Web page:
On Writing about the Economy and Elections

by John Sides on July 20, 2010 · 1 comment

in Campaigns and elections,Media

David Paul Kuhn of Real Clear Politics has a piece today taking issue with Ezra Klein and Paul Krugman for over-hyping the role of the economy and elections. Klein, relying in part on a graph I supplied him, wrote:

For decades now, political scientists have been building election models that attempt to predict who will win in November without making any reference to candidates or campaigns. They can get within 2 points of the final vote, and they don’t need to know anything about the ads and the gaffes and the ground games. All they really need to know about is the economy.

Krugman wrote:

Midterm elections, where turnout is crucial, aren’t quite like presidential elections, where the economy is all.

Kuhn objects that the economy isn’t all. He quotes me approvingly from an email exchange, in which I said “Elections are strongly related to the economy.” He quotes two political scientists and election forecasters, James Campbell and Alan Abramowitz, who say that “the economy is a junior partner” and “one factor and not always the most important one,” respectively. Then he describes a series of individual elections that illustrate the lack of complete correspondence between election outcomes and economic performance, concluding with this:

This is why politics is also a game of inches. Campaigns matter on the margins. But many a president has been made on those margins.

Kuhn is certainly right that we should talk about the economy and elections in probabilistic terms like “is associated with” or “is strongly related to.” And he is right that campaigns matter on the margins. But I’m not really sympathetic to the motivation behind his piece.

On one level, his literal reading of Klein and Krugman is unnecessarily uncharitable. These are smart guys. They understand correlation vs. causation. They’re just writing for a mass audience and so wrote cleanly and boldly without a bunch of quasi-academic qualifiers and caveats.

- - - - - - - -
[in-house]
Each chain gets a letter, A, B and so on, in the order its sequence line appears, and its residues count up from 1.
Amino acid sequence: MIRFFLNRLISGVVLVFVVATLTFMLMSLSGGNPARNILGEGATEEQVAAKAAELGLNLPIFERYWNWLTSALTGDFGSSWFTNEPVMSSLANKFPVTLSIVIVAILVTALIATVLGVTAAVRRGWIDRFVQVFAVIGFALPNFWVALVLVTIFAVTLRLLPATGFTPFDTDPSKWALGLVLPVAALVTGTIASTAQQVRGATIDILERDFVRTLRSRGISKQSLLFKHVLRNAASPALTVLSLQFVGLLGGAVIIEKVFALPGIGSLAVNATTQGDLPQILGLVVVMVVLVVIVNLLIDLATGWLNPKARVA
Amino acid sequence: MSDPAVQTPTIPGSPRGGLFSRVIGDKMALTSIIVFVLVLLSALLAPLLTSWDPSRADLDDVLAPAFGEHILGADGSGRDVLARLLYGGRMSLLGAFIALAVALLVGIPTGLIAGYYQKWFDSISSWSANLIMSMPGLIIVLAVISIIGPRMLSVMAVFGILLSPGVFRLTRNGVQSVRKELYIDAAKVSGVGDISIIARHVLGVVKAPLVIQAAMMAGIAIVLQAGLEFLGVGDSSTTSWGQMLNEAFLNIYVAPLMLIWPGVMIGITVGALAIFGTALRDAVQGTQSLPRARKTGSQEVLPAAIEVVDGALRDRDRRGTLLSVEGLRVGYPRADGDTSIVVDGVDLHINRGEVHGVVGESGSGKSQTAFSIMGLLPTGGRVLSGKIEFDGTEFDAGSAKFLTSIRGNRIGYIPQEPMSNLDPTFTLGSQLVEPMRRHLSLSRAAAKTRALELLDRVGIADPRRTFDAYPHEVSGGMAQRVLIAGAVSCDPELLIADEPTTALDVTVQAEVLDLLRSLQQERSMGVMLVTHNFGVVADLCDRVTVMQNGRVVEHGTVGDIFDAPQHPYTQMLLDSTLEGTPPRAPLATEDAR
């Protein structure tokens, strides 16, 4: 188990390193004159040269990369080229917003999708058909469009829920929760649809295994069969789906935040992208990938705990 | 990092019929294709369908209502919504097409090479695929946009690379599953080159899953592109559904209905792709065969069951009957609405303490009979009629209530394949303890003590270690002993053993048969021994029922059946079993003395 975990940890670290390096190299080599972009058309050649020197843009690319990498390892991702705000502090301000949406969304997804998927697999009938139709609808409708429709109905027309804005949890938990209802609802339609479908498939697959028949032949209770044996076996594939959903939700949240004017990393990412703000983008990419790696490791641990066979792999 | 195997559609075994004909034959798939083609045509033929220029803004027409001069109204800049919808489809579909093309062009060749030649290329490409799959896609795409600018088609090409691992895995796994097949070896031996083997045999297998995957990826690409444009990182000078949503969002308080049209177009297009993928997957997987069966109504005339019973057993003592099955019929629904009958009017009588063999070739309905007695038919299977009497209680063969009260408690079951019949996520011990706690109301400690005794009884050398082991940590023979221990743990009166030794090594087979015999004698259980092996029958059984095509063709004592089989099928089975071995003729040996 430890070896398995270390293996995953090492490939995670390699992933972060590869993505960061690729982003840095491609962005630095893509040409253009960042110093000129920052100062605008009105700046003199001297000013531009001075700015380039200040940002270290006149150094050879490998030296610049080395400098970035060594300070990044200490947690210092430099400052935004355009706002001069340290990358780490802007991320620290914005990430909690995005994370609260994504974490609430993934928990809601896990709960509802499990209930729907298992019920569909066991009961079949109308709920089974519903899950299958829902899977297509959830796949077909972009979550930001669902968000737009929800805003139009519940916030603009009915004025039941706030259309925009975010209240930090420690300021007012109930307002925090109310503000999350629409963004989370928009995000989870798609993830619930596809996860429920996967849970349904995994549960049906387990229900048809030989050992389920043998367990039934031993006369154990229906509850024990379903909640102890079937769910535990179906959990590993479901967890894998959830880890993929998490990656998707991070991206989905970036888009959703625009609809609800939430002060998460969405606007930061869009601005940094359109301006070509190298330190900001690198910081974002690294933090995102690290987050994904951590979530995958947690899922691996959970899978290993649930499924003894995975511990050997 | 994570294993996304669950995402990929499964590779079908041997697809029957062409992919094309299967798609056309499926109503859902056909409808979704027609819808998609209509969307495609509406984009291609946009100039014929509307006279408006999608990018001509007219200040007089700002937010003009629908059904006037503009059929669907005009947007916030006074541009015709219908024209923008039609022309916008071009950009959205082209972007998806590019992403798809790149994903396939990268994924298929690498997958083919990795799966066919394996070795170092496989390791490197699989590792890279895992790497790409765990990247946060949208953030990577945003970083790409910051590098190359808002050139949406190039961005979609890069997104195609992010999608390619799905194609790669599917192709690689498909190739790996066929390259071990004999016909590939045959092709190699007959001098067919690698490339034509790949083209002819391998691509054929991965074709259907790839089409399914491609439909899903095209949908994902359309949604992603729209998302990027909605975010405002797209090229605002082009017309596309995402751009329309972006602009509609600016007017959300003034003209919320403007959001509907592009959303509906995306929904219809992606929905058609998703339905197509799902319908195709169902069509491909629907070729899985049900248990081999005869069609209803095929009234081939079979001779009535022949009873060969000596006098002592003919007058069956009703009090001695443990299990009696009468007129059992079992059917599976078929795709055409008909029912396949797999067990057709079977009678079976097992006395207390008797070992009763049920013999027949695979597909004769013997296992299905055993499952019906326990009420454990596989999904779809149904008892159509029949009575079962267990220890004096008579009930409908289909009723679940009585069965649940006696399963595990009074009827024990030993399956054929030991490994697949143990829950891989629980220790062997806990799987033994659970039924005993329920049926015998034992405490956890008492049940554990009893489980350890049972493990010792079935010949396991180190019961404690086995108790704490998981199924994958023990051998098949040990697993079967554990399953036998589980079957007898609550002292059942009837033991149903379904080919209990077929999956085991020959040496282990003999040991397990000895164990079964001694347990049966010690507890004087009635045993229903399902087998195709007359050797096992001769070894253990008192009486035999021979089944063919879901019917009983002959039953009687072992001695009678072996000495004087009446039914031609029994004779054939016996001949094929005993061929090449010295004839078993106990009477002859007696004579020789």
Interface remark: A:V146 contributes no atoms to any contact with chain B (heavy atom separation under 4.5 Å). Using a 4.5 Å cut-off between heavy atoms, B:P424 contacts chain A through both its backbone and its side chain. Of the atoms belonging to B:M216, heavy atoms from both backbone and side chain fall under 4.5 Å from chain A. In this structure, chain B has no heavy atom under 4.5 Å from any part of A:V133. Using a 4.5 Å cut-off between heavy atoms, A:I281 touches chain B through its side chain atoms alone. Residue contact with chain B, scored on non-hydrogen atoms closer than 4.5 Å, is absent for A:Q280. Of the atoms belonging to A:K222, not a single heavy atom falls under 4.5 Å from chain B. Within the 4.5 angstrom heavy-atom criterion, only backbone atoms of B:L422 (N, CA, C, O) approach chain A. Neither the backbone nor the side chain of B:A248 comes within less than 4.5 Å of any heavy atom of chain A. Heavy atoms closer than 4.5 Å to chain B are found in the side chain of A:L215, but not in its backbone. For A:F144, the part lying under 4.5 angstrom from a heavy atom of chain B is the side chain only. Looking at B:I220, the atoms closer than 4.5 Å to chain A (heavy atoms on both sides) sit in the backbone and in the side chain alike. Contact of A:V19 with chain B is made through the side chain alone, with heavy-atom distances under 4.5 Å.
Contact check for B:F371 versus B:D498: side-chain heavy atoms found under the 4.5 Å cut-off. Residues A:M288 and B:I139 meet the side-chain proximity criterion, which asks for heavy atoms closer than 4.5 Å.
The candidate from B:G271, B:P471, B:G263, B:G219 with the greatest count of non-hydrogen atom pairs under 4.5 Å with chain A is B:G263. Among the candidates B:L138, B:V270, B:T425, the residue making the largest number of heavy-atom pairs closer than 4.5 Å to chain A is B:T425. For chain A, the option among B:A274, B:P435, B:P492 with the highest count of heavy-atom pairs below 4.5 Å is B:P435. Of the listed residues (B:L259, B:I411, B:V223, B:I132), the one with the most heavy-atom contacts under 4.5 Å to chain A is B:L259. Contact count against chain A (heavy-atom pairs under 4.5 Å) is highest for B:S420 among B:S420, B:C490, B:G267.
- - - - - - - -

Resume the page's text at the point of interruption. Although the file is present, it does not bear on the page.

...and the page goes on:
In fact, I think it’s extremely helpful for Klein and Krugman to make this case boldly—which is, no doubt, why Josh applauded Krugman yesterday. Here’s the position I find myself in as a political scientist. Economic performance explains some large fraction of the variation in presidential election outcomes, presidential approval, trust in government, and many other things. But most political journalism ignores this fact and prefers to talk about tactics and narrative.

Case in point: how many of the 15 “political experts” writing in the New York Times’s forum on “how Obama can rebound” emphasized the simple fact that the economy is weak and so Obama will not rebound significantly until it turns around? One. Mark Blumenthal. The rest wrote about policy hobbyhorses, strategery, and a bunch of other stuff that could matter “at the margins” but probably won’t, and certainly won’t matter as much as economic performance over the rest of his term.

It’s actually valuable to state the economic case as starkly as Klein and Krugman did. In my blogger persona, I sometimes do that too. There is strategic value in doing so. The view of many, if not most, political journalists is miles from where political science stands. If it takes a statement like Klein’s (or some of mine) to pull that view towards one that acknowledges that economic performance is the key driver, then that’s fine with me.

{ 1 comment }

Manoel Galdino July 20, 2010 at 1:45 pm

I am no expert here, but I always thought it was the economy, plus ideology and partisanship.

Ok, ideology and partisanship almost don’t change in a few years. So, maybe it’s ok talk only about the economy.

However, don’t you think it’s possible that political scientists are not paying attention to the difference between partial effects and general equilibrium effects?

I mean, suppose two presidential candidates can choose between a good and a bad tactic. If both choose good tactics, the effects of those tactics, conditional on the economy, ideology and partisanship is very small. However, if one of them choose a bad tactic and the other candidate a good one, the the effect of a good tactic, conditional on the economy, ideology and partisanship will be significant. But, since most of candidates are rational, they play the nash equilibrium strategy and always play “good tactic”. So, the data will show a small or zero effect of tactic, even though in a counterfactual world the effect are greater.

What do you think about it?

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